By 1946, at the 75th anniversary, the Fire Department itself was involved in a week long “Fire Show” held from October 4-11, with “thrilling exhibits and demonstrations marking the 75th anniversary of the Great Chicago Fire.” In the local press, the spirit of the city’s rebuilding from the Fire was brought up as civic leaders were urged to tackle the post-war issue of homelessness with the same dedication that homes had been built with after the 1871 disaster.

The 100th anniversary in 1971 was topped by a gala dinner: the menu included “Mrs O’Leary’s Baked Beans,” and in 1996, a “FireBall” was held to mark the 125th anniversary in October. But it would be the next year that a new, lasting monument to the Great Fire would be announced:  the Chicago Fire Soccer Club.

The news that Chicago’s new Major League Soccer club would be known as the Fire was kept a secret until it was unveiled on Navy Pier that October 8th in 1997: the club’s General Manager Peter Wilt fooled the media by feeding rumors that the team was to be called the Blues, sending invitations out to media for the event featuring a pen drawing of the Blues Brothers.

Fortunately, the club’s name also didn’t end up being the Rhythm either, as Nike – who shaped the identity of numerous late ‘90s MLS teams whose names have now been changed or disappeared into the history books – had wanted. It took a high-level intervention to ensure that the Chicago Rhythm was never born, as Peter Wilt explains:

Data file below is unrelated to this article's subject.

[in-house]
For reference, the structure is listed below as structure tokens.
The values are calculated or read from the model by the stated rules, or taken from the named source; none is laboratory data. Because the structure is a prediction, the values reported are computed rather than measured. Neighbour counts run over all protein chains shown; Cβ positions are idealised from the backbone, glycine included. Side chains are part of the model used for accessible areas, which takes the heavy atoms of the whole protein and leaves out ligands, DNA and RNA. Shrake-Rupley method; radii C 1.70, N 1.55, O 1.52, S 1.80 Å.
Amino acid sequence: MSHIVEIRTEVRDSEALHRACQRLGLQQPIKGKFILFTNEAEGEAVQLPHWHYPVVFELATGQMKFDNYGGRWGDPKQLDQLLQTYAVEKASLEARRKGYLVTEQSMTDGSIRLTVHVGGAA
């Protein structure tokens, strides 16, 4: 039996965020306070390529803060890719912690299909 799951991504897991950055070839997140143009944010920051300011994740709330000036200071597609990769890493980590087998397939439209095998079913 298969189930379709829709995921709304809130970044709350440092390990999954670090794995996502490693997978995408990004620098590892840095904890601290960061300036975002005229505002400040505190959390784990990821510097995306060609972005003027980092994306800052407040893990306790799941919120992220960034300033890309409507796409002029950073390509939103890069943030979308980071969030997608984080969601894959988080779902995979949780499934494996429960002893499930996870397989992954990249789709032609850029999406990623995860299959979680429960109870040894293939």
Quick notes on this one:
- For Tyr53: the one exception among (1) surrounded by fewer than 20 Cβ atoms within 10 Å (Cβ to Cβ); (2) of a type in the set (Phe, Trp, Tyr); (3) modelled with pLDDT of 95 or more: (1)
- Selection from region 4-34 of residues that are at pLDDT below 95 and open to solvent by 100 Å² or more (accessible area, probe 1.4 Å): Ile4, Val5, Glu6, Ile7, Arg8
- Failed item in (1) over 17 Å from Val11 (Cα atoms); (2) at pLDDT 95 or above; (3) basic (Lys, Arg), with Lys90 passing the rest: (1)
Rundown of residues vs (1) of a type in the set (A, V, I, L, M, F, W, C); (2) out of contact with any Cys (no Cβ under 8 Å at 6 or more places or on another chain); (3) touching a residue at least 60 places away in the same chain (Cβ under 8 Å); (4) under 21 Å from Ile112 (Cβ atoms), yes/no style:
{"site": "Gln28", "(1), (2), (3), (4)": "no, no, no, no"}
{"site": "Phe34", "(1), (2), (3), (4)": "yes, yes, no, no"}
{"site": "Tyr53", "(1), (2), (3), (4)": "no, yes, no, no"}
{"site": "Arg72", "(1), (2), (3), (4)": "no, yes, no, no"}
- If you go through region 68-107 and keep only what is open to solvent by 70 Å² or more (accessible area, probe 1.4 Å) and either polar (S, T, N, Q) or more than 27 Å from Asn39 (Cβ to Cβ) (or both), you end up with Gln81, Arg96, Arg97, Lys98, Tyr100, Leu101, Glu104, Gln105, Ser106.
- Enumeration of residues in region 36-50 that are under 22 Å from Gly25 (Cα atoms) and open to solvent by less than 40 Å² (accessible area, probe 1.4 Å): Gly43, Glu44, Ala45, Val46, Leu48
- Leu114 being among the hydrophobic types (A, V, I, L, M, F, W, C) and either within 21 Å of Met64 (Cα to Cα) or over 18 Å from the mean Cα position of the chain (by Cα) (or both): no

“To the joy and relief of many, we avoided a lifetime of misspelled team references, bad Catholic birth control method jokes and just plain poor branding when at my urging Phil Anschutz intervened at the highest levels to Nike and told his counterpart Phil Knight that it was his team and he was going to name it whatever he wanted, but it sure as sheep sh*t wasn’t going to be “Rhythm”.  OK, he probably didn’t say “sheep sh*t”, but he wasn’t happy.”

And so we in Chicago have been able to embrace a Club called the Fire that speaks to the City’s greatest achievement, its restless, pounding energy, its desire to do – just the kind of spark I saw in Frank Klopas that night three years ago at a pizza restaurant, one that inspired us to hold a celebration every October 8th since.

On October 8th this year, we mark 15 years of the Chicago Fire and in the tradition of grand Chicago Day events, you are invited to a major celebration to commemorate the founding of the Club on a date unparalleled in significance for Chicago.

A Committee of volunteers, fans from around the stadium from the first Barn Burner Don Crafts to current ISA Chair Joel Piktel and numerous other old-timers, has been working round the clock to ensure the celebration is a fitting one. The choice of venue was key to this: it was on October 8, 1871 that the Chicago Historical Society’s building was burned to the ground. Their collection was lost.

Like Chicago generally, that building was not just replaced, but reborn grander, and is now the marvelous Chicago History Museum at North and Clark adjacent to Lincoln Park. Inside there is the Museum’s major exhibition to the Great Chicago Fire, one that will be open to attendees as we gather at the Museum and honor Club heroes scheduled to attend including Piotr Nowak, Lubos Kubik, Ante Razov, Peter Wilt, Frank Klopas and many, many more.

Please join us there and celebrate fifteen years of Chicago Fire and 141 years since the city we love rose unbowed and restless from the ashes.

Click here to order your tickets to the Chicago Fire Soccer Club 15th Anniversary Celebration on October 8th 2012 at the Chicago History Museum or head to FireAnniversary.com to learn more about the celebration.

Tom Dunmore is a former Chair of Section 8 Chicago and is currently an editor of XI Quarterly. Follow him on Twitter @tomdunmore.